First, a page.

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# Predictions from data

Predictions from data

## difference = !(F”(k) -

difference = !(F”(k) - F’(k)) 2 ,The basic cycle may be described as follows:1. Give initial values to the parameters " and ! for the community, as well as thecommunity richness, R.2. Use the Pielou transform to produce the expected sample of this community.3. Compare the resulting theoretical sample with the one in hand via the least squaresmeasure.4. If the match is worse than before, reset the most recently changed value for ", !, or Rin the opposite direction. If the match is better, continue as before.Presently, the entire process is embedded in one of two computer programs, depending on themethod, and the complete richness estimation process may take anywhere from 2 to 200 cyclesto complete. In other words, a human must execute the search algorithm, a process that can itselfbe automated, cutting the estimation time from an hour or two down to a millisecond. Thealgorithm itself systematically cycles through ", !, and R, changing each until no furtherimprovement is seen, then switching to the next parameter. At no point do the correspondingparameter values for the sample at hand play any role. The sample richness R’ plays an implicitrole, however, through the values of the sample function F’ at each abundance category.5.3.1 The two-step method with an exampleThe first procedure described here is called the two-step method. It proceeds in two main steps:Step 1. Find a best-fit for the sample histogram with the logistic-J distribution. The programcalled BestFit does this, taking the sample histogram as input, then comparing these data with thenumbers generated from a theoretical (logistic-J) sample distribution with (sample) parametervalues input by the user of the program. The values of "’ and !’ thus arrived at can be variedsystematically over the parameter space to discover a global minimum in solution space. In mostcases the method of steepest descent finds the minimum without having to search the entirespace. The measure of fit is the chi square score divided by the number of degrees of freedom, asdetermined by the program. This method of scoring helps to minimize jumps in score values thatwould otherwise result when the program changes the number of degrees of freedom.Step 2. One then inputs the best fit logistic-J parameter values into the program CommRich,along with the sample intensity estimate, r, made by the biologist. The user then conducts adirected search through solution space by systematically varying the community parametervalues " and !, as well as the community richness R, as described above; for each set of valuesthus arrived at, the program computes values for the expected sample and compares the12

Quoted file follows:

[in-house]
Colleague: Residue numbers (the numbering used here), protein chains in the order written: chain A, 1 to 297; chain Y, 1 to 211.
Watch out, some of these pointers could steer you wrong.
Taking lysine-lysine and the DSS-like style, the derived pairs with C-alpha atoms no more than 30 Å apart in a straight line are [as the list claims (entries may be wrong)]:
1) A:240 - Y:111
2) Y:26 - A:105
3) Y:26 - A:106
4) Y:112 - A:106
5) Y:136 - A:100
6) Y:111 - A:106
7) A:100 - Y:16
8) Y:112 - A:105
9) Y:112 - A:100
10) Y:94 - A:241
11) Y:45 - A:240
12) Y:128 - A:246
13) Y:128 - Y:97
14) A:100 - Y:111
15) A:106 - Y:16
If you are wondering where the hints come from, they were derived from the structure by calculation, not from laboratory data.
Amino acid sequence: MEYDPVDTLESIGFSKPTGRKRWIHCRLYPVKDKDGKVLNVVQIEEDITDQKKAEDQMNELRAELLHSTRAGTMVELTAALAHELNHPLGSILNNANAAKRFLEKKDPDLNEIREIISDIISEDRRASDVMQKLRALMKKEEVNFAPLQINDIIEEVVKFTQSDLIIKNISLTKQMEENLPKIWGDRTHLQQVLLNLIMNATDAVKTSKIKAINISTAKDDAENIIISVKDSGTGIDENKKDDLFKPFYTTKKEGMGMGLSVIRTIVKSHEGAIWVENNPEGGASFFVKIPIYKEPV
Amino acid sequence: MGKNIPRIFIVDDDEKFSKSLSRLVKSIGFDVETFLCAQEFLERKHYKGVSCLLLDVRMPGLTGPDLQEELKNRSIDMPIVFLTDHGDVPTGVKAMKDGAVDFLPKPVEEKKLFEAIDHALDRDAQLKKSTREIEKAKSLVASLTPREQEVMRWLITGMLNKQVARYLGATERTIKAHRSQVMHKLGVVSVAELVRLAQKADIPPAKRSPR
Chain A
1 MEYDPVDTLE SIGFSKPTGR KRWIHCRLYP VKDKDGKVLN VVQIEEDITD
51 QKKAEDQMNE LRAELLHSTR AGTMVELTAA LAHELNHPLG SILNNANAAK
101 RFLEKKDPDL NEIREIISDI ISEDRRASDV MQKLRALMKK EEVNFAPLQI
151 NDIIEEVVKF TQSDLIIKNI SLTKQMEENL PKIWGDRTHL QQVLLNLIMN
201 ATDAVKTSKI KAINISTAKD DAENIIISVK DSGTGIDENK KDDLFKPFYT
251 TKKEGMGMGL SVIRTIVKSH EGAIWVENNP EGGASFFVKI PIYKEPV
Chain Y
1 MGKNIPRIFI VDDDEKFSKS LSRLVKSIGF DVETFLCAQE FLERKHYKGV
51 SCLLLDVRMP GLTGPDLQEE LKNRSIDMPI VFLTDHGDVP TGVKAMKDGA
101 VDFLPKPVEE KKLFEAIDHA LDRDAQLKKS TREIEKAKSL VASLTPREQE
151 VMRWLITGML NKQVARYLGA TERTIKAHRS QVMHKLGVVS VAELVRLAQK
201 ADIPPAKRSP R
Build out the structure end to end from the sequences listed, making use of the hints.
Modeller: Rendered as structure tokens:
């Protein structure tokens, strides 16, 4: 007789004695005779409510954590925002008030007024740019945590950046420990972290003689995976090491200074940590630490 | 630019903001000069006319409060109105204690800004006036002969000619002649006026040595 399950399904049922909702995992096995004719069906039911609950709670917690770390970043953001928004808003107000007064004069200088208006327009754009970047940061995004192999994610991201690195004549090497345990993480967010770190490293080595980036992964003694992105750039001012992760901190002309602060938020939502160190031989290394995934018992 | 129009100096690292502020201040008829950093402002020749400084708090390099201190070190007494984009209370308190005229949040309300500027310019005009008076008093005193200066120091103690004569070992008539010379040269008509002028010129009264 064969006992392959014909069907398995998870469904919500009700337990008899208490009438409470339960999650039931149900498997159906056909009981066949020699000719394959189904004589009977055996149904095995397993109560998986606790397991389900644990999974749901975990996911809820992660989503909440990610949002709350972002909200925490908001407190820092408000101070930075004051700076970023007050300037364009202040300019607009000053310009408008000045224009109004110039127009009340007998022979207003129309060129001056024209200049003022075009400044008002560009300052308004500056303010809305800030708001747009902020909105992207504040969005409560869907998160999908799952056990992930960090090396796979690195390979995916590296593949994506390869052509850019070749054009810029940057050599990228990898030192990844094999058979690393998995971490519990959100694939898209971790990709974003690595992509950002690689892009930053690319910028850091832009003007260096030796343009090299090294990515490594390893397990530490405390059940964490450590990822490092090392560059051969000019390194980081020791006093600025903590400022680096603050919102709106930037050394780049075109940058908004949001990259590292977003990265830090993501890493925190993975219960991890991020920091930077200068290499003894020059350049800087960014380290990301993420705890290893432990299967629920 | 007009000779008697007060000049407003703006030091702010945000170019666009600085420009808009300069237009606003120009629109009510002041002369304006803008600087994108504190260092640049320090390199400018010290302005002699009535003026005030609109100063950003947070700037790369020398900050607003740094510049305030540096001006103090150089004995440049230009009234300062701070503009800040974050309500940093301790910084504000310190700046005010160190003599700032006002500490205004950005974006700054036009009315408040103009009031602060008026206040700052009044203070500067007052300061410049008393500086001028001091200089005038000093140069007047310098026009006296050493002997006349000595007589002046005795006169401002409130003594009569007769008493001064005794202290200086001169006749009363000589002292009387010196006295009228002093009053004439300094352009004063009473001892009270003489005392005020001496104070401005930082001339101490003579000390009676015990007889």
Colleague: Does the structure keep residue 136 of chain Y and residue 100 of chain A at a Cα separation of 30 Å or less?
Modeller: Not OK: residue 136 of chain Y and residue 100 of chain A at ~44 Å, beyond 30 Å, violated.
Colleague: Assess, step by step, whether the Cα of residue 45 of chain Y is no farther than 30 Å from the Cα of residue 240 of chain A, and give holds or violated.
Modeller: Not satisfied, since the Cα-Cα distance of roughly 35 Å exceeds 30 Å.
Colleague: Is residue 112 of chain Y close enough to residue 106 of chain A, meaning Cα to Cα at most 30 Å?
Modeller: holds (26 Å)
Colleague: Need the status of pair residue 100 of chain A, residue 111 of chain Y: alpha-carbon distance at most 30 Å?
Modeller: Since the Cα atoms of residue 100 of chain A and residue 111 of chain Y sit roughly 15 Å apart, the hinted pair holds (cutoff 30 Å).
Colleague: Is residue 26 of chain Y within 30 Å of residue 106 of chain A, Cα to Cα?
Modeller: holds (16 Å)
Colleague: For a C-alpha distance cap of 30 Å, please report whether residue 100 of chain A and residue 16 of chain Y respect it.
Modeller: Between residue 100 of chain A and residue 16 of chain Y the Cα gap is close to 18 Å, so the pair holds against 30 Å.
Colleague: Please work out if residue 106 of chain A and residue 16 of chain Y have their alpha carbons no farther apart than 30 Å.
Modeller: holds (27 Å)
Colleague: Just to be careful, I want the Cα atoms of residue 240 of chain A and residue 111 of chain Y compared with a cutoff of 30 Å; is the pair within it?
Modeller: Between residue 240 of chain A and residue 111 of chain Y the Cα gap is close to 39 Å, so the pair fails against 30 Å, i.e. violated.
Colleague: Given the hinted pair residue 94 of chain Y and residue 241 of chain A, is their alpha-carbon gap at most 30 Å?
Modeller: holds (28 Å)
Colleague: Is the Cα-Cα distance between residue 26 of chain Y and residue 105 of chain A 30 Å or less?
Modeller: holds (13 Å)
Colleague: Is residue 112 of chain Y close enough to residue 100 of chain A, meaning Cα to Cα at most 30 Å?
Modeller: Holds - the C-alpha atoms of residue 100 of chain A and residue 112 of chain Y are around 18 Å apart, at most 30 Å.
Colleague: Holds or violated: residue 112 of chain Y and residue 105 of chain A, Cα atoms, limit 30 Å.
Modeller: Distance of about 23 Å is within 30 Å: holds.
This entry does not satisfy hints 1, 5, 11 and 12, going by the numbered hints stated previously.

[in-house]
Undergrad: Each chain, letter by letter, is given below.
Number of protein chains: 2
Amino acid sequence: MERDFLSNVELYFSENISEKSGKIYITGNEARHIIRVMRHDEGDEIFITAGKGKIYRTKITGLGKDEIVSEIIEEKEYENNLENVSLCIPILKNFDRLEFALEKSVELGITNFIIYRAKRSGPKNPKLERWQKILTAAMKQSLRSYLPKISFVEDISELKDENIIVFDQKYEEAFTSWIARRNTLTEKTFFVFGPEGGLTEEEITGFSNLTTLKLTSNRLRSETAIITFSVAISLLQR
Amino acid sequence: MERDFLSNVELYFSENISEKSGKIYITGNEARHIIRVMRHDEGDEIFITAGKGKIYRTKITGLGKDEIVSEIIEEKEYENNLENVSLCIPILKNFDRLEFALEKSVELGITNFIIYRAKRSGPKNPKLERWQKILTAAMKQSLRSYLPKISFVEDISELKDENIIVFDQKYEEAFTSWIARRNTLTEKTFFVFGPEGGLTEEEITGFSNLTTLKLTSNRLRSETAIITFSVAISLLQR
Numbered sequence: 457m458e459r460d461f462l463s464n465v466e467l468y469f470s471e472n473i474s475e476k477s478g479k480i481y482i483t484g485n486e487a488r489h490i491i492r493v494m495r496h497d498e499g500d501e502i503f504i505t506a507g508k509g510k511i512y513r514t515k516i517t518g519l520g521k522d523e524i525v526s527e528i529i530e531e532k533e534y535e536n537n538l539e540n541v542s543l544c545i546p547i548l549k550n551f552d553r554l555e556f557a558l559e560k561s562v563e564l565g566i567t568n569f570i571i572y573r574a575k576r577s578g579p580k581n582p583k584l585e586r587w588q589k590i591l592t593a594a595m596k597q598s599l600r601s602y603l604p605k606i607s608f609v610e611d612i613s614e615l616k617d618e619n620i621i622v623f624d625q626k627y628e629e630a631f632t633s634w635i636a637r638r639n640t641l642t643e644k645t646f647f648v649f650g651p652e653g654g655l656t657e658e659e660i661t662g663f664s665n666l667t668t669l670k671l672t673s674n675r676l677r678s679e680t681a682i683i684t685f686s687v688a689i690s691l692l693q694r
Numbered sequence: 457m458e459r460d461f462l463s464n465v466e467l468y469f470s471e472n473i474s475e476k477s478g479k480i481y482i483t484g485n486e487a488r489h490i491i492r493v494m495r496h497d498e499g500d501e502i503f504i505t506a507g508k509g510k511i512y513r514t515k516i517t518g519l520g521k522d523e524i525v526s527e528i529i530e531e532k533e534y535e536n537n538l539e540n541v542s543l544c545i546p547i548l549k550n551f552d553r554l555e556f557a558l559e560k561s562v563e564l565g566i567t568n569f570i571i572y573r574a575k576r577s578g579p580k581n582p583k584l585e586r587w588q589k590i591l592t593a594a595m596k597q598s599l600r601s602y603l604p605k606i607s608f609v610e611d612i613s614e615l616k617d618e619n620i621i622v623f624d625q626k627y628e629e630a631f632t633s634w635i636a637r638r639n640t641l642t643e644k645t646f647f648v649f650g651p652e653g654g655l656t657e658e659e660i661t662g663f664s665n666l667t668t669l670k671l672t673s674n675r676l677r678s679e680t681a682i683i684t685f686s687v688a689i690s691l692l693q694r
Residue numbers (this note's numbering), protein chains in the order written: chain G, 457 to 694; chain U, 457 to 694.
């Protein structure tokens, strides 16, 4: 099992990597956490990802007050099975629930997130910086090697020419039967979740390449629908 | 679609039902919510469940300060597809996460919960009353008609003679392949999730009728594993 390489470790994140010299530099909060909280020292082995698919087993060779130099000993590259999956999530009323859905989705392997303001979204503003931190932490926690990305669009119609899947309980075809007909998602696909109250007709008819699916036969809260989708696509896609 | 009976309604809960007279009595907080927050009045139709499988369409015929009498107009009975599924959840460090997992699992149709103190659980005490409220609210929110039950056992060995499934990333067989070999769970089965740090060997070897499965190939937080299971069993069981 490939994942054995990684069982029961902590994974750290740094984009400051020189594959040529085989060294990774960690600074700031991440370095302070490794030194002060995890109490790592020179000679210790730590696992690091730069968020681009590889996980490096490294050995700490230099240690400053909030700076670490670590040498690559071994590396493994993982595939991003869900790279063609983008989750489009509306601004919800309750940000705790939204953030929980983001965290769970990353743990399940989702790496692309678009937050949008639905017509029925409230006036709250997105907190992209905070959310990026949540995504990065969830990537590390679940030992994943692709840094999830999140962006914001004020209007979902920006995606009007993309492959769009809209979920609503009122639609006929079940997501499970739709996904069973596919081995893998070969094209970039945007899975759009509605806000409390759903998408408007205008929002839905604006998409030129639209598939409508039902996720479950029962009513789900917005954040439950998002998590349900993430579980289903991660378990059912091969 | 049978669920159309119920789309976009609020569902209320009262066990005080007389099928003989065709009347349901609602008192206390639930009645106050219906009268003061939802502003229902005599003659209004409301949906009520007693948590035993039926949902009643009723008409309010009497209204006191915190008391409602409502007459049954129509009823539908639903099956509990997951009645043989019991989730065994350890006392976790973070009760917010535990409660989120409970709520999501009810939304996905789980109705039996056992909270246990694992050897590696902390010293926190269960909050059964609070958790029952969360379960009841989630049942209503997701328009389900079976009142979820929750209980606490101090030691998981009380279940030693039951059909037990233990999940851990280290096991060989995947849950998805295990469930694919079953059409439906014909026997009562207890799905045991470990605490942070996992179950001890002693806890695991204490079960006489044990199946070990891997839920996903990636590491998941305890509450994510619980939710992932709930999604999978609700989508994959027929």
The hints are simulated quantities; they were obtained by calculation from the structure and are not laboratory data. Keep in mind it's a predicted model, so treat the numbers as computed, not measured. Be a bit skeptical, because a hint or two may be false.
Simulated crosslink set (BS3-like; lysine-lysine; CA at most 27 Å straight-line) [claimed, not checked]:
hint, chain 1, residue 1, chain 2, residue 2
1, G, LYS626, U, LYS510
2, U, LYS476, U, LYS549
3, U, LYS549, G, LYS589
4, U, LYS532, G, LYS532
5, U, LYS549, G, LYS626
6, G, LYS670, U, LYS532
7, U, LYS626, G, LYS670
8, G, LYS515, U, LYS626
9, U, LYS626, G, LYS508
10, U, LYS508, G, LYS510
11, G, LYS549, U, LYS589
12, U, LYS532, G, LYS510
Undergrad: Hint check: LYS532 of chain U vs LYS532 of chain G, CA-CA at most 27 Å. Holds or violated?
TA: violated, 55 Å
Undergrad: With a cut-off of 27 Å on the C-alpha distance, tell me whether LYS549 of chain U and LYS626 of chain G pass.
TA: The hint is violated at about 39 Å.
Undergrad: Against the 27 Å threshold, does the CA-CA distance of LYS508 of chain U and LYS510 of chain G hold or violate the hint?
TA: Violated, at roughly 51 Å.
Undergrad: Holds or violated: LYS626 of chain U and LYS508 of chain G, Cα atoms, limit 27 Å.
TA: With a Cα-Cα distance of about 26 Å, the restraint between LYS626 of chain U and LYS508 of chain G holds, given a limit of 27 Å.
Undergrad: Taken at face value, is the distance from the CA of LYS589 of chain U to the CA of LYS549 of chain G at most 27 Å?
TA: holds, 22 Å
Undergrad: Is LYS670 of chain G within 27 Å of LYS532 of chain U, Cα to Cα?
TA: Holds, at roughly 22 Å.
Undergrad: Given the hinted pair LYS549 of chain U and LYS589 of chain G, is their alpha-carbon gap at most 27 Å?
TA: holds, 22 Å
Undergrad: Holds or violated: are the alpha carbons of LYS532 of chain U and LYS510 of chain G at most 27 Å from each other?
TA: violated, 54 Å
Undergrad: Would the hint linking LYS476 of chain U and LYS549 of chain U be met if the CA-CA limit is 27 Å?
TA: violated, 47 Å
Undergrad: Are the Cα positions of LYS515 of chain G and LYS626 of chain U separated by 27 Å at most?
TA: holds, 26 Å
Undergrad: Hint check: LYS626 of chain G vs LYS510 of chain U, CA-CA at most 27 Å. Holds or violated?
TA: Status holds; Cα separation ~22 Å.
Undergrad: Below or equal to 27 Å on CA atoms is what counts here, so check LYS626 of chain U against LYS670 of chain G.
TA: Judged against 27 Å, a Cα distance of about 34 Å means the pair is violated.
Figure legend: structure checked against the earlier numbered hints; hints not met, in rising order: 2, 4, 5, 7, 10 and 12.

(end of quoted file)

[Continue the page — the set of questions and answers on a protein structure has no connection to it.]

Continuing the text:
theoretical sample with the best fit curve from Step 1 using the least squares formula as ameasure of similarity. The underlying algorithm uses the smallest least squares score found so faras the basis for further improvements in the score. Any change in a parameter value that leads toan improved score is adopted as the starting point for the next step. The change is not selectedarbitrarily, but on the basis of producing the greatest improvement of the score, as it steadilydescends toward zero. At the end of the convergence process one reads off not only statisticallyaccurate estimates for " and ! in the community, but its richness, R, as a byproduct of theprocess.Time to convergence during either fitting process depends strongly on the starting parametervalues. But a form of binary search may be employed that speeds the process up, completing in atime that is proportional to the logarithm of the size of the parameter space being searched.An example of the method in action is provided by data sent to me by M. G. M. Jansen, a Dutchbiologist who has been conducting an extensive sampling program for lepidoptera inhabitingcoastal salt marshes in the Netherlands. Table 5.3 displays the data from one of Jansen’ssamples. Each cell of the table under the heading “no. spp.” also contains the correspondingnumber of species predicted for the corresponding abundance. The table shows observedabundances for some 45 species, the remainder having abundances 31, 32, 41, 67, 103, 103,1121, and 2073.abund.no. spp.abund.no. spp.abund.no. spp.115 15.24111 0.87211 0.4227 5.75120 0.79220 0.4033 3.60131 0.73230 0.3843 2.62140 0.67240 0.3652 2.05150 0.62251 0.3461 1.68162 0.58260 0.3372 1.43170 0.54270 0.3182 1.23180 0.50280 0.3091 1.09190 0.47290 0.29101 0.97201 0.45301 0.28Table 5.3. Sample abundances vs predicted ones13

data from an international survey
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